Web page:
"Attention is the behavioral and cognitive process of selectively concentrating on one aspect of the environment while ignoring other things. Attention has also been referred to as the allocation of processing resources.
Attention is one of the most intensely studied topics within psychology, cognitive neuroscience and neuropsychology. Attention remains a major area of investigation within education, psychology, neuroscience and neuropsychology. Areas of active investigation involve determining the source of the signals that generate attention, the effects of these signals on the tuning properties of sensory neurons, and the relationship between attention and other behavioral and cognitive processes like working memory and vigilance. A relatively new body of research, which expands upon earlier research within neuropsychology, is investigating the diagnostic symptoms associated with traumatic brain injuries and their effects on attention. Attention also has variational differences among differing cultures."
"Researchers have described two different aspects of how the mind comes to attend to items present in the environment.
The first aspect is called bottom-up processing, also known as stimulus-driven attention or exogenous attention. These describe attentional processing which is driven by the properties of the objects themselves. Some processes, such as motion or a sudden loud noise, can attract our attention in a pre-conscious, or non-volitional way. We attend to them whether we want to or not. These aspects of attention are thought to involve parietal and temporal cortices, as well as the brainstem.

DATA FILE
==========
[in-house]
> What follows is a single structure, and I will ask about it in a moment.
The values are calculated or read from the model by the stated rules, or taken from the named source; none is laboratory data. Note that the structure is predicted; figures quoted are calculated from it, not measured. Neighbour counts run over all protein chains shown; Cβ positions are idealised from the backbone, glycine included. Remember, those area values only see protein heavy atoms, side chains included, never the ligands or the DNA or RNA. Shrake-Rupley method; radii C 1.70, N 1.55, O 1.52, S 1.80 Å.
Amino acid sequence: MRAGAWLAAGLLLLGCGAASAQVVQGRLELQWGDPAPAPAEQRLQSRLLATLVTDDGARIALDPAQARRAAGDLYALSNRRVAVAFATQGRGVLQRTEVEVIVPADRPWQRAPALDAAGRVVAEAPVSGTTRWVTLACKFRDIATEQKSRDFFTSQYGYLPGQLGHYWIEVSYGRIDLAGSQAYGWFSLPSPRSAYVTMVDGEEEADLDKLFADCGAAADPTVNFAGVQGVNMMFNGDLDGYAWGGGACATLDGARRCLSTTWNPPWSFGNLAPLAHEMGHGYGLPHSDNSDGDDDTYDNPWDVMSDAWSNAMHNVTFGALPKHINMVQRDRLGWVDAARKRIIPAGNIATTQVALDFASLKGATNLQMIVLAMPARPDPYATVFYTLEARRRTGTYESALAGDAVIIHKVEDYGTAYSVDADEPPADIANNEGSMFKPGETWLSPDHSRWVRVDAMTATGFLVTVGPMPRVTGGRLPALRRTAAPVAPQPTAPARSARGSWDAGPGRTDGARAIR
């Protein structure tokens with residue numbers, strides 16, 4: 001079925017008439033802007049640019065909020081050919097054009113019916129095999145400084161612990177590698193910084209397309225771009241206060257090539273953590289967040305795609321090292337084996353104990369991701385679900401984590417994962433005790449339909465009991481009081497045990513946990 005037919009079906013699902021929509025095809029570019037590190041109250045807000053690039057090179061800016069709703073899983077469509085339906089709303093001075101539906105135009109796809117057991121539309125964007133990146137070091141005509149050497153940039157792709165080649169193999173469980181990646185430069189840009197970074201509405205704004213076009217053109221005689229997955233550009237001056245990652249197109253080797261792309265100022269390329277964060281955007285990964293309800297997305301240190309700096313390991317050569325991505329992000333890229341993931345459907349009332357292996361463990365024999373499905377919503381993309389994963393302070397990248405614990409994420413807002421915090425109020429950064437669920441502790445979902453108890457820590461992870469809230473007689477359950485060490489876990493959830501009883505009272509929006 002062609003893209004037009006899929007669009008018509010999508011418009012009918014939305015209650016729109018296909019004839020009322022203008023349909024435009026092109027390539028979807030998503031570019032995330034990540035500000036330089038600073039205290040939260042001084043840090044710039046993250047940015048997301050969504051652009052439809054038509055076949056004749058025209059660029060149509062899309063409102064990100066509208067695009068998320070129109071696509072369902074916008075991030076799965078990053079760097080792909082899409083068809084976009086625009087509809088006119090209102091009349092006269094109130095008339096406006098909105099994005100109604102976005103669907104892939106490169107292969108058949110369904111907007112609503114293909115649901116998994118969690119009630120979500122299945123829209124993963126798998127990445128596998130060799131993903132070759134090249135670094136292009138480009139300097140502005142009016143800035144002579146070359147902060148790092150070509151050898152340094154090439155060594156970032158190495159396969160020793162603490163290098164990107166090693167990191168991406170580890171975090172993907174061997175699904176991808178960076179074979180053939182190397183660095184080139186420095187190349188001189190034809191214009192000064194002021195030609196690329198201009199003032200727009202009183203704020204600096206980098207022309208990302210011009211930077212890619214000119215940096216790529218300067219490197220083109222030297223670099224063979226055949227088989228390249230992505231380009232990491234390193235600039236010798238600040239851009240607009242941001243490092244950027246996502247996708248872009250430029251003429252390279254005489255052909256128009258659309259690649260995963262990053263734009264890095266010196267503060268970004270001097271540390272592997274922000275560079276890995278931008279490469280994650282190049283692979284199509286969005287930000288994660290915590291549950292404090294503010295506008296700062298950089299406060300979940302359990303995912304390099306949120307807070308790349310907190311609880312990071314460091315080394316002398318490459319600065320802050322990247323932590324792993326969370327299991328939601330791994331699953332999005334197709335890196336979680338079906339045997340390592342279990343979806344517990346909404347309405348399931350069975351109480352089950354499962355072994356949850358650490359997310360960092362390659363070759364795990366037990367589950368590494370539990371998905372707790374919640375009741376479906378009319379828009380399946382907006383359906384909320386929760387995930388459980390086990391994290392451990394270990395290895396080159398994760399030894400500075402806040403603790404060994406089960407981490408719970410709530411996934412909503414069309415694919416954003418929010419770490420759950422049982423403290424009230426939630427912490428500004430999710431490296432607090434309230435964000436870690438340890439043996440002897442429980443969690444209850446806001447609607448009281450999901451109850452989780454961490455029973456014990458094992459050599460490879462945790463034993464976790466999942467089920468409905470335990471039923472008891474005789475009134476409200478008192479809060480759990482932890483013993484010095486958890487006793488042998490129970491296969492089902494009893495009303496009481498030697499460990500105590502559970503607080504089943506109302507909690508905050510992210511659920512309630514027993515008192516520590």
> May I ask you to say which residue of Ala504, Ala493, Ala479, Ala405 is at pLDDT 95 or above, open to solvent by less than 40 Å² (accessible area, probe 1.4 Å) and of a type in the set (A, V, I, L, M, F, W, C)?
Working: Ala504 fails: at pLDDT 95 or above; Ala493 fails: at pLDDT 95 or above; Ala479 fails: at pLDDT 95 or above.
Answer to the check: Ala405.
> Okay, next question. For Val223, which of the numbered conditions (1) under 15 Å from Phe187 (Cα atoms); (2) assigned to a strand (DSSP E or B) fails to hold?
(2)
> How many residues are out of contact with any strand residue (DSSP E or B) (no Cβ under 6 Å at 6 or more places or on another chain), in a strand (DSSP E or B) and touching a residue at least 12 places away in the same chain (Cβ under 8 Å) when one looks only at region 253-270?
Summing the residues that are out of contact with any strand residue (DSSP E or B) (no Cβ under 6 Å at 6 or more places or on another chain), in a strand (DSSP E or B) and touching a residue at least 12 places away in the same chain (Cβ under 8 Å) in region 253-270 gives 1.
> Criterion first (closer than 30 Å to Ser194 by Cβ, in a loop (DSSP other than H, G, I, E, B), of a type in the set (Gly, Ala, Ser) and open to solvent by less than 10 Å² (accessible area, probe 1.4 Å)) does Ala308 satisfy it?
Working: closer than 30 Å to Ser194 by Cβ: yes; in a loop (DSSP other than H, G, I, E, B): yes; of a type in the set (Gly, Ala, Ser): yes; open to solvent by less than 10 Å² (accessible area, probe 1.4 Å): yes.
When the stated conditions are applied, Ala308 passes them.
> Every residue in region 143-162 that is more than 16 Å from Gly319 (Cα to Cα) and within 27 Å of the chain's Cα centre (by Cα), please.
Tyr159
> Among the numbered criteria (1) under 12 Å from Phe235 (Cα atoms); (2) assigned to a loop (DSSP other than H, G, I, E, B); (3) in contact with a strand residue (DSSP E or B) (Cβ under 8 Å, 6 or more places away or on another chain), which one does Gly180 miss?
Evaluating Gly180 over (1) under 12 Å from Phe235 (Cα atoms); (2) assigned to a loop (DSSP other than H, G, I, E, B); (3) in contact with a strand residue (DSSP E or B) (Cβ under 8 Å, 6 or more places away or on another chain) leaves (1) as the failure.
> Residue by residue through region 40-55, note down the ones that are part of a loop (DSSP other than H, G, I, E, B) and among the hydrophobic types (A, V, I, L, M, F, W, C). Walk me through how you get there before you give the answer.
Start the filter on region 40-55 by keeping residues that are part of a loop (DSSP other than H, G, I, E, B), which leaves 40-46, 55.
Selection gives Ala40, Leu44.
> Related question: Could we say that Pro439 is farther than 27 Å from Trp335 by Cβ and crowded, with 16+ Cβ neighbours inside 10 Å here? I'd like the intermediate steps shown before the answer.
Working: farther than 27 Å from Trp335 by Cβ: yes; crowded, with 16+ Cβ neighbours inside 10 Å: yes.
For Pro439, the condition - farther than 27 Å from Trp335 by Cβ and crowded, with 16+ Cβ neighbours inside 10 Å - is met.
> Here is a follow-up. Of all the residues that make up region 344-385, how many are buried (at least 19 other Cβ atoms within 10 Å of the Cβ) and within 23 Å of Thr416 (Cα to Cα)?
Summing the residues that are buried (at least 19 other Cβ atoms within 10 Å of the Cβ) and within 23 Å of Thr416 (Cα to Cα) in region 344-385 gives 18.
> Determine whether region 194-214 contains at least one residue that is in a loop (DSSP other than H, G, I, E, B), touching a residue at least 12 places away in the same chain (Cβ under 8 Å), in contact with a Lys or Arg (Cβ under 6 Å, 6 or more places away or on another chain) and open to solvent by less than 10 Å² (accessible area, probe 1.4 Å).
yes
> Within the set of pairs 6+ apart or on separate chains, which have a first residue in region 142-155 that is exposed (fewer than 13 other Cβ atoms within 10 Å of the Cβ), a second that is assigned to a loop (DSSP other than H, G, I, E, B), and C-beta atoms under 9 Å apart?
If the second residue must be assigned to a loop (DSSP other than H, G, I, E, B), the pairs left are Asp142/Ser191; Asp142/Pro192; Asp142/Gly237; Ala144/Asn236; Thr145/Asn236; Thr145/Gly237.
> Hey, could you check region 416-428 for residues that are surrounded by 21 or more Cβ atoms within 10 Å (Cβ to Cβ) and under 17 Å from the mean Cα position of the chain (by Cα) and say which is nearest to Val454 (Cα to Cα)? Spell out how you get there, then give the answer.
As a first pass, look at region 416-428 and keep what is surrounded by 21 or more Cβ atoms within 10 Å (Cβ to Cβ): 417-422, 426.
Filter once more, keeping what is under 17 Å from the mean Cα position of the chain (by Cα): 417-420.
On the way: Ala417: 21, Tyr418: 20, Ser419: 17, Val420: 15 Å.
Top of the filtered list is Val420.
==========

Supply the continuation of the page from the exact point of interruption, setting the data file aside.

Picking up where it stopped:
The second aspect is called top-down processing, also known as goal-driven, endogenous attention, attentional control or executive attention. This aspect of our attentional orienting is under the control of the person who is attending. It is mediated primarily by the frontal cortex and basal ganglia as one of the executive functions. Research has shown that it is related to other aspects of the executive functions, such as working memory, and conflict resolution and inhibition."
"There are studies that suggest the mechanisms of overt and covert orienting may not be as separate as previously believed. This is due to the fact that central mechanisms that may control covert orienting, such as the parietal lobe also receive input from subcortical centres involved in overt orienting. General theories of attention actively assume bottom-up (covert) processes and top-down (overt) processes converge on a common neural architecture. For example, if individuals attend to the right hand corner field of view, movement of the eyes in that direction may have to be actively suppressed."